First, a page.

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Socrates and his two wives. Painting by Reyer van Blommendael

Myrto (/ˈmɜːrt/; Greek: Μυρτώ; fl. 5th century BC) was, according to some accounts, a wife of Socrates.

The original source for the claim that she was Socrates' wife appears to have been a work by Aristotle called On Being Well-Born,[1][2][3] although Plutarch expresses doubt that the work is genuine. She was apparently the daughter,[3] or, more probably, the granddaughter of Aristides.[2]

Although Diogenes Laërtius describes Myrto as Socrates' second wife living alongside Xanthippe, Myrto was presumably a common-law wife,[4] and Plutarch describes Myrto as merely living "together with the sage Socrates, who had another woman but took up this one as she remained a widow due to her poverty and lacked the necessities of life."[2] Athenaeus and Diogenes Laërtius report that Hieronymus of Rhodes attempted to confirm the story by pointing to a temporary decree the Athenians passed:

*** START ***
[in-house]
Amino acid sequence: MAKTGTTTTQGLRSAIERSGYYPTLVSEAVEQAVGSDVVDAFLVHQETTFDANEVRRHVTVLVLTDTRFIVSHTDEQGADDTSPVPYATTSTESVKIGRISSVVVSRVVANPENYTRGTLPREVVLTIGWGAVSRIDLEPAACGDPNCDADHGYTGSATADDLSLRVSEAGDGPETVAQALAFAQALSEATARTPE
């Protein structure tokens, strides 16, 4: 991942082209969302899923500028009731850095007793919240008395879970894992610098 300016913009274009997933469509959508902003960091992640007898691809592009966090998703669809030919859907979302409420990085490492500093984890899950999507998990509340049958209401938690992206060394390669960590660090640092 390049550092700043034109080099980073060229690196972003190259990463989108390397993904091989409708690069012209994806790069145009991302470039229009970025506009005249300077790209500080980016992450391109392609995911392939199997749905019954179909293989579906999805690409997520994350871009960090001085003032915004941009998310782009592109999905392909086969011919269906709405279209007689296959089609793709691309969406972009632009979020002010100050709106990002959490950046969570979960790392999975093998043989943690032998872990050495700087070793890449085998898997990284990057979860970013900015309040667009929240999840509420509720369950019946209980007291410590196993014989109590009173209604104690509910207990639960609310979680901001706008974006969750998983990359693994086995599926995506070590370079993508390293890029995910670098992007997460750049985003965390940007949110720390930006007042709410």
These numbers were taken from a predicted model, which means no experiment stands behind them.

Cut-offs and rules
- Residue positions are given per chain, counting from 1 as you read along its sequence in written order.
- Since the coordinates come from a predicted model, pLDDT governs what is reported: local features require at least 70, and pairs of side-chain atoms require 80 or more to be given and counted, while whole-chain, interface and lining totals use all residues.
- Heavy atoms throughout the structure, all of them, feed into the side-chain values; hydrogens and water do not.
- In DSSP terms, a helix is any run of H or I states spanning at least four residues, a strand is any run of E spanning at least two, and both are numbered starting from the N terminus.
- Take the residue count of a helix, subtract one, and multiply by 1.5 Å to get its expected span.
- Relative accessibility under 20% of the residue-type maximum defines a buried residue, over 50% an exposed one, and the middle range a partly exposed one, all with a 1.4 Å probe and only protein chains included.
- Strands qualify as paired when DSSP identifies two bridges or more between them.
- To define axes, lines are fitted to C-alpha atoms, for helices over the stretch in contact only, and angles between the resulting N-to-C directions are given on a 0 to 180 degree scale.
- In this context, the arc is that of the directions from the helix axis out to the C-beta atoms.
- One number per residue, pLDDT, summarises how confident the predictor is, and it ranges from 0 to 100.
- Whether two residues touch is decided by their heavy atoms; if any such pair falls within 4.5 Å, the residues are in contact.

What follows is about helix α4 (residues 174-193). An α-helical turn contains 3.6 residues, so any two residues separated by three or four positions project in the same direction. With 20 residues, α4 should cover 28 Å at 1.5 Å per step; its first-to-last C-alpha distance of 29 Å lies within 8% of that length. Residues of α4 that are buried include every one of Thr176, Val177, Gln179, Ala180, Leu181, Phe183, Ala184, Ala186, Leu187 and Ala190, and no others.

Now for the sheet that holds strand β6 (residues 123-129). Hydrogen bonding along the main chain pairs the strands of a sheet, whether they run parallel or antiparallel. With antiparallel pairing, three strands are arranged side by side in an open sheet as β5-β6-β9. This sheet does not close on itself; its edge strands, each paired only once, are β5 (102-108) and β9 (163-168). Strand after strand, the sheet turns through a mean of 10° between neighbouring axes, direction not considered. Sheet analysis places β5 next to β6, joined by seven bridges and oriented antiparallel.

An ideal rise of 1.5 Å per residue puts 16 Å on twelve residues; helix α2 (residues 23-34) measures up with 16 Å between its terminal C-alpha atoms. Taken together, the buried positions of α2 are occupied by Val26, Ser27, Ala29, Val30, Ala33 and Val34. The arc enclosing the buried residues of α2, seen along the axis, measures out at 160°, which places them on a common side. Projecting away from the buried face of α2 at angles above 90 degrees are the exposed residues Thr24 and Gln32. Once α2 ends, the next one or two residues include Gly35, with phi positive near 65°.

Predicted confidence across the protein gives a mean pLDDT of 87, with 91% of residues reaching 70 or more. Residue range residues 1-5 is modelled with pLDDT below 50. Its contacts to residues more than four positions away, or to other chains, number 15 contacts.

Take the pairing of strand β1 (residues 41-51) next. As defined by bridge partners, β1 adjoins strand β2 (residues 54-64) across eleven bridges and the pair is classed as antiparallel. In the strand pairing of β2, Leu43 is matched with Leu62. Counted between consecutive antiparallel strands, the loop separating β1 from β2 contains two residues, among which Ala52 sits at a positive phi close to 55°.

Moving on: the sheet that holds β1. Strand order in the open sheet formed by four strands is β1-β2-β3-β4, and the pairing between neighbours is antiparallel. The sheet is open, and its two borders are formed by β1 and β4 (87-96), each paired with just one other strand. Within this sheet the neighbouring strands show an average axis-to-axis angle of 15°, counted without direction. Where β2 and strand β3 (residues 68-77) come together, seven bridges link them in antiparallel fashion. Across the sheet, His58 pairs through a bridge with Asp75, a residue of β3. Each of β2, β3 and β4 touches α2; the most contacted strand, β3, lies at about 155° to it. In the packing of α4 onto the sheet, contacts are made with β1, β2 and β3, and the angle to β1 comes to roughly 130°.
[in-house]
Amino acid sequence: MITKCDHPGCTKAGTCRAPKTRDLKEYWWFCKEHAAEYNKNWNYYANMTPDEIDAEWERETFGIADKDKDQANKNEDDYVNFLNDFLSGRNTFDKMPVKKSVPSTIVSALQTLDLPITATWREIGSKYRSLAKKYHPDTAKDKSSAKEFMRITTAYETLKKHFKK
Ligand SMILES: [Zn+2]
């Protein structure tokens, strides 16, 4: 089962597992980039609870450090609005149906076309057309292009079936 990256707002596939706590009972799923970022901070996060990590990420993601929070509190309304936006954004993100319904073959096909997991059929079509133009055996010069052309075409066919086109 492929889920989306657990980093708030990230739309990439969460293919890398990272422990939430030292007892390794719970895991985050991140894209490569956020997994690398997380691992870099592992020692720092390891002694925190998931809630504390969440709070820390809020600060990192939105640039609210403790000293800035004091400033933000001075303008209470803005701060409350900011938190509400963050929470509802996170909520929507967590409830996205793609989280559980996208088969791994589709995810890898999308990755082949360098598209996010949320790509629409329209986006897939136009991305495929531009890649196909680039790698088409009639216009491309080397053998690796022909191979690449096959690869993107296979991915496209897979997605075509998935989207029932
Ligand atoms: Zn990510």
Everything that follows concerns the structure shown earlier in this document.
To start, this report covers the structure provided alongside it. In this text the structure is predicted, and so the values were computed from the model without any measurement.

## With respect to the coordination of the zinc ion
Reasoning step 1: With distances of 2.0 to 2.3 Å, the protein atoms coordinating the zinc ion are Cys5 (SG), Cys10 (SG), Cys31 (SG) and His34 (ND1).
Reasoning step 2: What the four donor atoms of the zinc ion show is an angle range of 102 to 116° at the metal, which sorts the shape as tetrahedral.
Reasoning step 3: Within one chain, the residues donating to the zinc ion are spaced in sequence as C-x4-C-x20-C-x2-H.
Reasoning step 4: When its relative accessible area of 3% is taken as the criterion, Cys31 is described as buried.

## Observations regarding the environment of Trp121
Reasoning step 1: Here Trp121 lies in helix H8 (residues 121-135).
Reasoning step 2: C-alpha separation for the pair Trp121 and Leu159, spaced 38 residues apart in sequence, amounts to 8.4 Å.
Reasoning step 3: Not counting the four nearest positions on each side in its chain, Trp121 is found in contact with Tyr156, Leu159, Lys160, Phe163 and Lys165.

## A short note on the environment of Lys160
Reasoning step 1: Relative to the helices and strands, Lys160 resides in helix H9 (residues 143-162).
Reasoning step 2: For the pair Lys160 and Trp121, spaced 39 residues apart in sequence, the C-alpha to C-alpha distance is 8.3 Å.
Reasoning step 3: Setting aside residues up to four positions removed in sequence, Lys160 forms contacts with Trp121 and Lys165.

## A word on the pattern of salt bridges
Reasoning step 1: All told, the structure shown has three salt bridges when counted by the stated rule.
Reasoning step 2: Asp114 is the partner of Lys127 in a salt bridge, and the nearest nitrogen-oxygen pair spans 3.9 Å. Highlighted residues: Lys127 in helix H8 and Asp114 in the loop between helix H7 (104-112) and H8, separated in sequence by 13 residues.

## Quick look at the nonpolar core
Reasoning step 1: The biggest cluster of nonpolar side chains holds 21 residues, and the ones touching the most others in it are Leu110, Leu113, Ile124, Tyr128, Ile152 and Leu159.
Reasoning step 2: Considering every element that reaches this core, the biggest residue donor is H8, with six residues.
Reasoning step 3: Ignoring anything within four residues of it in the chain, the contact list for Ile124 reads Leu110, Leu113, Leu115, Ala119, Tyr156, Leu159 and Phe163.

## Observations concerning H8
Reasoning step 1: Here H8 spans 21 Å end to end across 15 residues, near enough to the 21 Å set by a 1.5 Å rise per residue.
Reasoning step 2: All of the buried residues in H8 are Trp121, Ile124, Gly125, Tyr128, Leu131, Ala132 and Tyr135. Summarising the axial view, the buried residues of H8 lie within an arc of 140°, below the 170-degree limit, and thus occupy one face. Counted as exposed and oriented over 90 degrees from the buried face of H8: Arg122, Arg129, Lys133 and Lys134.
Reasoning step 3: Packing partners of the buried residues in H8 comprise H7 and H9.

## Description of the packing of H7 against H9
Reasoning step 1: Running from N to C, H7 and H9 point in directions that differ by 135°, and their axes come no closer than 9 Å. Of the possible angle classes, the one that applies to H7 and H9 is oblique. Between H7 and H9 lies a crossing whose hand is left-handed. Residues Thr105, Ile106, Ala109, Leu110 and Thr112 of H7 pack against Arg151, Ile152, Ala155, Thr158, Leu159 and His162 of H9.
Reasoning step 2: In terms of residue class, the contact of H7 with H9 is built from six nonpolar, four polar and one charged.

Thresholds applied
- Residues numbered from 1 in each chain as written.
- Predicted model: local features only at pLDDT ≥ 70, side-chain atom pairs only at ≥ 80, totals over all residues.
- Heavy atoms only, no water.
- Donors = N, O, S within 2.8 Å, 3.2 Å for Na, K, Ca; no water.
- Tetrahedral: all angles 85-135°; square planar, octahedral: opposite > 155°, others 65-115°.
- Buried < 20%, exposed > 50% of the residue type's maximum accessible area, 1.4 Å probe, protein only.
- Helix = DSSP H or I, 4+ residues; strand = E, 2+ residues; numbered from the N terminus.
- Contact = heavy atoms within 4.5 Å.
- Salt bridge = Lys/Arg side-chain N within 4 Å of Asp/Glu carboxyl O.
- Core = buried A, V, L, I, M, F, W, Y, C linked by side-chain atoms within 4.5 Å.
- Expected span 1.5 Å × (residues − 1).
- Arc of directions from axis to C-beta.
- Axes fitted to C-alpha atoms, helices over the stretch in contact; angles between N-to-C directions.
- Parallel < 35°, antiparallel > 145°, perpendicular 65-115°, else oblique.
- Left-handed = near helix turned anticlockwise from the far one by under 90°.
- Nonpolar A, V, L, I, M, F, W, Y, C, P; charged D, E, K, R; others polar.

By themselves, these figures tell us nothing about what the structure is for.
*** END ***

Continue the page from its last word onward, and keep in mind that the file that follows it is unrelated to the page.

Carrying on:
For they say that the Athenians were short of men and, wishing to increase the population, passed a decree permitting a citizen to marry one Athenian woman and have children by another; and that Socrates accordingly did so.

— Diogenes Laërtius, ii. 26

Neither Plato nor Xenophon mention Myrto, and not everyone in ancient times believed the story: according to Athenaeus, Panaetius "refuted those who talk about the wives of Socrates."[1]


  1. 1.0 1.1 Athenaeus, xiii. 555D–556A
  2. 2.0 2.1 2.2 Plutarch, Aristides, xxvii. 3–4
  3. 3.0 3.1 Diogenes Laërtius, ii. 26
  4. Luis E. Navia (1985), Socrates, the man and his philosophy, page 78